Health experts challenge claim rural Georgia less threatened by COVID-19

Georgians aren't able to easily access drive-through testing sites like this one in Arlington, Va., which means the scope of the outbreak in this state's rural areas is unknown. Drew Angerer/Getty Images

Gov. Brian Kemp argues against ordering a statewide shutdown to stem the spread of COVID-19, citing some Georgia communities where no tests have come back positive.

“In Jeff Davis County, I know of two days ago, they didn’t even have a single case down there, and you have people saying, ‘look, we need to be working, I’m worried about losing my home, I’m worried about getting meals for my kids,’” Kemp said at a televised town hall last week.

But given the lack of testing, it’s not at all a sure thing Jeff Davis County residents are safe to go to work, said Georgia State University public health professor Harry Heiman.

“That’s the wrong conclusion, and candidly, the rationale that’s being provided by the governor and by the commissioner of the Department of Public Health, Dr. (Kathleen) Toomey, is not based in the best public health science.

“There are parts of the state where we’ve had no positive test results, but we’ve also done virtually no testing,” he added. “Anyone who gets a false sense of safety or a false sense of assurance by the fact that there haven’t been as many positive tests as they think there might have been are being deceived by the fact that we’re not doing enough testing to know.”

As last week ended, state and private labs processed tests for nearly 10,000 Georgians. That represents less than .01% of Georgia’s population.

Last week, Kemp said 23 sites had been set up in cities across the state to collect specimens for testing. People can get tested at these sites by appointment only, and appointments are limited to those  with physician referrals. People who are at the greatest risk get top priority, including older people, someone with existing medical conditions, first responders and senior care facility workers and residents.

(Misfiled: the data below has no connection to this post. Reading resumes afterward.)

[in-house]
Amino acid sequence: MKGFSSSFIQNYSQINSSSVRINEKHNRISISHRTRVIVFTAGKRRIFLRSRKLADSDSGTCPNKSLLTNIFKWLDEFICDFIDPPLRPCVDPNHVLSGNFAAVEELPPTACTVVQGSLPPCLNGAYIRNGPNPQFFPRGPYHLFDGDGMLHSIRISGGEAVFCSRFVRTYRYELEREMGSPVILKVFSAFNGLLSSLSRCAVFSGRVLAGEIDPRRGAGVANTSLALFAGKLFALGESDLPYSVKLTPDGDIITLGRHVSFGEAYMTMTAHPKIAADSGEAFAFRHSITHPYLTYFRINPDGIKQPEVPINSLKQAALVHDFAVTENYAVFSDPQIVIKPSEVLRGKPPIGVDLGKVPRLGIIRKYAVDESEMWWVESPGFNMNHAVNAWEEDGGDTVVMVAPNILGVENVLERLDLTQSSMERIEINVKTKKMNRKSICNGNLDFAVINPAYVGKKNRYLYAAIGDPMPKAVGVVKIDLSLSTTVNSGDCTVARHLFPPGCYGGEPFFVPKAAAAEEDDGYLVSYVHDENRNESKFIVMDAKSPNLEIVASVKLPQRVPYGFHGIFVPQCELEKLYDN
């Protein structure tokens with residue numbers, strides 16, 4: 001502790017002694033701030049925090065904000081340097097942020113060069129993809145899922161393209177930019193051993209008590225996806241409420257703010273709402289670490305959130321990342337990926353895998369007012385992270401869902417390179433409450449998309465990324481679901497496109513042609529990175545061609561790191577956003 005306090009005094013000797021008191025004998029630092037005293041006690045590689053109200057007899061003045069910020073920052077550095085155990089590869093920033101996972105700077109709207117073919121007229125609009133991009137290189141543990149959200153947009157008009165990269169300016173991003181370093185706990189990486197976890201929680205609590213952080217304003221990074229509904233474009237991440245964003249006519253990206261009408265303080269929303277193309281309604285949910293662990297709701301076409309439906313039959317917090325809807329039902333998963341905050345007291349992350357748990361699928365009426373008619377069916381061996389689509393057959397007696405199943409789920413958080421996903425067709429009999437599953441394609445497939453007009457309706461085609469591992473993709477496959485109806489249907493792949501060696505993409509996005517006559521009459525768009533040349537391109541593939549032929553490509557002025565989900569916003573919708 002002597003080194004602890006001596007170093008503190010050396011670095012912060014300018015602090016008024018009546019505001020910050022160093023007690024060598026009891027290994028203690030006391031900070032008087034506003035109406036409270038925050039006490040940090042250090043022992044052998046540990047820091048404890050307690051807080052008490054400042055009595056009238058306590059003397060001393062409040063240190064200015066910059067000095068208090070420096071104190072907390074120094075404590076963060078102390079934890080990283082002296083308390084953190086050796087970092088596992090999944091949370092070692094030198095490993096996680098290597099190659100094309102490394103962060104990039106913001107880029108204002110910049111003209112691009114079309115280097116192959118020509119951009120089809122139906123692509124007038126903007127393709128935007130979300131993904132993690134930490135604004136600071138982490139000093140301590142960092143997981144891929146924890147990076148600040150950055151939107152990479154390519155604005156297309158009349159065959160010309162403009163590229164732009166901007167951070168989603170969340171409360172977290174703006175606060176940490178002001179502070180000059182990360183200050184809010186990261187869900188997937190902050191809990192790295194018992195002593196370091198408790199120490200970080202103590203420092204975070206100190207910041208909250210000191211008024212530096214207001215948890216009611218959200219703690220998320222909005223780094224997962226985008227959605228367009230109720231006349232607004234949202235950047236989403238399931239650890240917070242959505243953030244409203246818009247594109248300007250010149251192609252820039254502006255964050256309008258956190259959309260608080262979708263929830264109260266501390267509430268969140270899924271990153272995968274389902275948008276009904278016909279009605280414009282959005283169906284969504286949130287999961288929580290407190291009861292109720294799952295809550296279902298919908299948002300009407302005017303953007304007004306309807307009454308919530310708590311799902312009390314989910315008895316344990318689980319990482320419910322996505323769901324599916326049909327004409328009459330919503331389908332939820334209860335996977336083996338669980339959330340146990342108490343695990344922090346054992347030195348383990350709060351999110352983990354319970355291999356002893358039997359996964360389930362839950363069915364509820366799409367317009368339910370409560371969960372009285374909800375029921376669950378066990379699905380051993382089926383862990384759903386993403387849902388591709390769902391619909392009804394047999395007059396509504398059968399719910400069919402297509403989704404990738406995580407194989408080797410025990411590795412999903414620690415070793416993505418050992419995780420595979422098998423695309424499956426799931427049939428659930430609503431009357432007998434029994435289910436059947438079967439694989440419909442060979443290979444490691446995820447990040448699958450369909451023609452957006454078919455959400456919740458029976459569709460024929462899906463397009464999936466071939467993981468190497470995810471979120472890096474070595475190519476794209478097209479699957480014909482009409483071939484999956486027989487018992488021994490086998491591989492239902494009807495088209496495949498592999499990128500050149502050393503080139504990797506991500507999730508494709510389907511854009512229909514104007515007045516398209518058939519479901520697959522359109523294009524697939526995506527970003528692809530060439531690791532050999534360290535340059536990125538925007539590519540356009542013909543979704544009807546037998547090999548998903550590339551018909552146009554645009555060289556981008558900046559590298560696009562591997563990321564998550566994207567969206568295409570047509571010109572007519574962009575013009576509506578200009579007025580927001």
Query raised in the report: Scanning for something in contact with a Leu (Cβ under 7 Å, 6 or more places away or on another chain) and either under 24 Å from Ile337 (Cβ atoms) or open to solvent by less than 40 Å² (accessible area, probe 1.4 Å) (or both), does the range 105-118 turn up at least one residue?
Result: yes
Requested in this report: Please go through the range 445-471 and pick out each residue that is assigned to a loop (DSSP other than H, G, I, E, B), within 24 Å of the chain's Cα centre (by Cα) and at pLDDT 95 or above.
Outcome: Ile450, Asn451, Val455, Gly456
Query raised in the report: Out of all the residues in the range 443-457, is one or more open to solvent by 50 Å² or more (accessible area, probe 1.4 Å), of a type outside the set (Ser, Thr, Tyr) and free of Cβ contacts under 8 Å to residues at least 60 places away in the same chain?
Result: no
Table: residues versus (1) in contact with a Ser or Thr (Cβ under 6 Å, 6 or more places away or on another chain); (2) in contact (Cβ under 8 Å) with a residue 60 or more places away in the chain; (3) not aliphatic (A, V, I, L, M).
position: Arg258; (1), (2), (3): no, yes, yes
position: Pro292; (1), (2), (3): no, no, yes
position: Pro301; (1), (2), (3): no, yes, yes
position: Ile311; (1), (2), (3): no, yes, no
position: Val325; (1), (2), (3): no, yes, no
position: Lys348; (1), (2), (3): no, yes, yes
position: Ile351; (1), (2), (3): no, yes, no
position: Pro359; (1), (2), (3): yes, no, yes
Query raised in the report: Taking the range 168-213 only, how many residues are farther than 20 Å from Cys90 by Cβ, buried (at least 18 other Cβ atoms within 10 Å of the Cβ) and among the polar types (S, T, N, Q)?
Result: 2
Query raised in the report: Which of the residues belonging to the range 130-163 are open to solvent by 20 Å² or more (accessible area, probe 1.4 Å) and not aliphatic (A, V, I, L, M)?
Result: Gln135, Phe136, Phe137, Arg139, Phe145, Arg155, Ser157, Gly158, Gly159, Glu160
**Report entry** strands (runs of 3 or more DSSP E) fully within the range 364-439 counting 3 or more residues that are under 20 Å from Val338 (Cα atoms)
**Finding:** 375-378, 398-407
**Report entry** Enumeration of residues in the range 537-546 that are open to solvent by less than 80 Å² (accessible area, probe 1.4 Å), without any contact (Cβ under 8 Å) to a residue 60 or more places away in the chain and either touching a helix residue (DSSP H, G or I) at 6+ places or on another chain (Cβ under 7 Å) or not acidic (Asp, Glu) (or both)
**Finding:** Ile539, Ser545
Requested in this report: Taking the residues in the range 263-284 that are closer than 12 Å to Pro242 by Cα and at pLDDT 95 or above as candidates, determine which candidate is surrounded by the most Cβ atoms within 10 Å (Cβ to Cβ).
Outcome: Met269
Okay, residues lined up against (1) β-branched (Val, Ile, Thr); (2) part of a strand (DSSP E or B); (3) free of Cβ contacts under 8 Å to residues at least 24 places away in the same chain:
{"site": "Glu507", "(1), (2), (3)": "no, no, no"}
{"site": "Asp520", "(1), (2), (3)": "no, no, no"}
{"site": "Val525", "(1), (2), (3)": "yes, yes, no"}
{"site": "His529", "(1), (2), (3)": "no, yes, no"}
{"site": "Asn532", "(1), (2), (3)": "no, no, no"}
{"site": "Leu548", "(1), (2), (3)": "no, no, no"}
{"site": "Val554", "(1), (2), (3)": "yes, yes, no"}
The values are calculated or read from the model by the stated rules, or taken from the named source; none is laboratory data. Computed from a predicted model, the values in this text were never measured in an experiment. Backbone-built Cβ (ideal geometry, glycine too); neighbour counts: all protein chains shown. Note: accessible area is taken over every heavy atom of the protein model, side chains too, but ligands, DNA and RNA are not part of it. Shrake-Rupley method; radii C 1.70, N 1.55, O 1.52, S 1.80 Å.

State health department districts that oversee those sites report testing capacity can vary widely from site to site.

Fulton County is the most populous county in Georgia and unsurprisingly is home to the highest number of confirmed COVID-19 cases. Last week, between 20 and 30 people were tested in the Atlanta location each day, with the number increasing over the week, according to a spokeswoman, who also said new kits typically arrive from the state every day, but the number varies.

Sites in Dalton and Woodstock are able to test about 70 people per day and also receive new kits on a daily basis.

A spokeswoman for the health district that includes Jeff Davis County in south Georgia declined to say how many people had been tested there.

Jeff Davis Hospital also declined to provide comment for this story. A tracker on the hospital’s website shows as of Sunday afternoon, 34 patients were tested for coronavirus. Of those tests, 10 came back negative and 24 are awaiting results.

Dr. Isaac Chun-Hai Fung, associate professor of epidemiology at the Jiann-Ping Hsu College of Public Health at Georgia Southern University, said people in Georgia’s rural areas could be infected and not know it yet.

“There’s always a time lapse where somebody is infected, let’s say 10 days ago, it may take them up to, potentially, 14 days until they have symptoms,” he said. “But there is growing evidence that some people who are asymptomatic or they are pre-symptomatic, i.e., before they develop symptoms, they are already transmitting the virus to someone else.”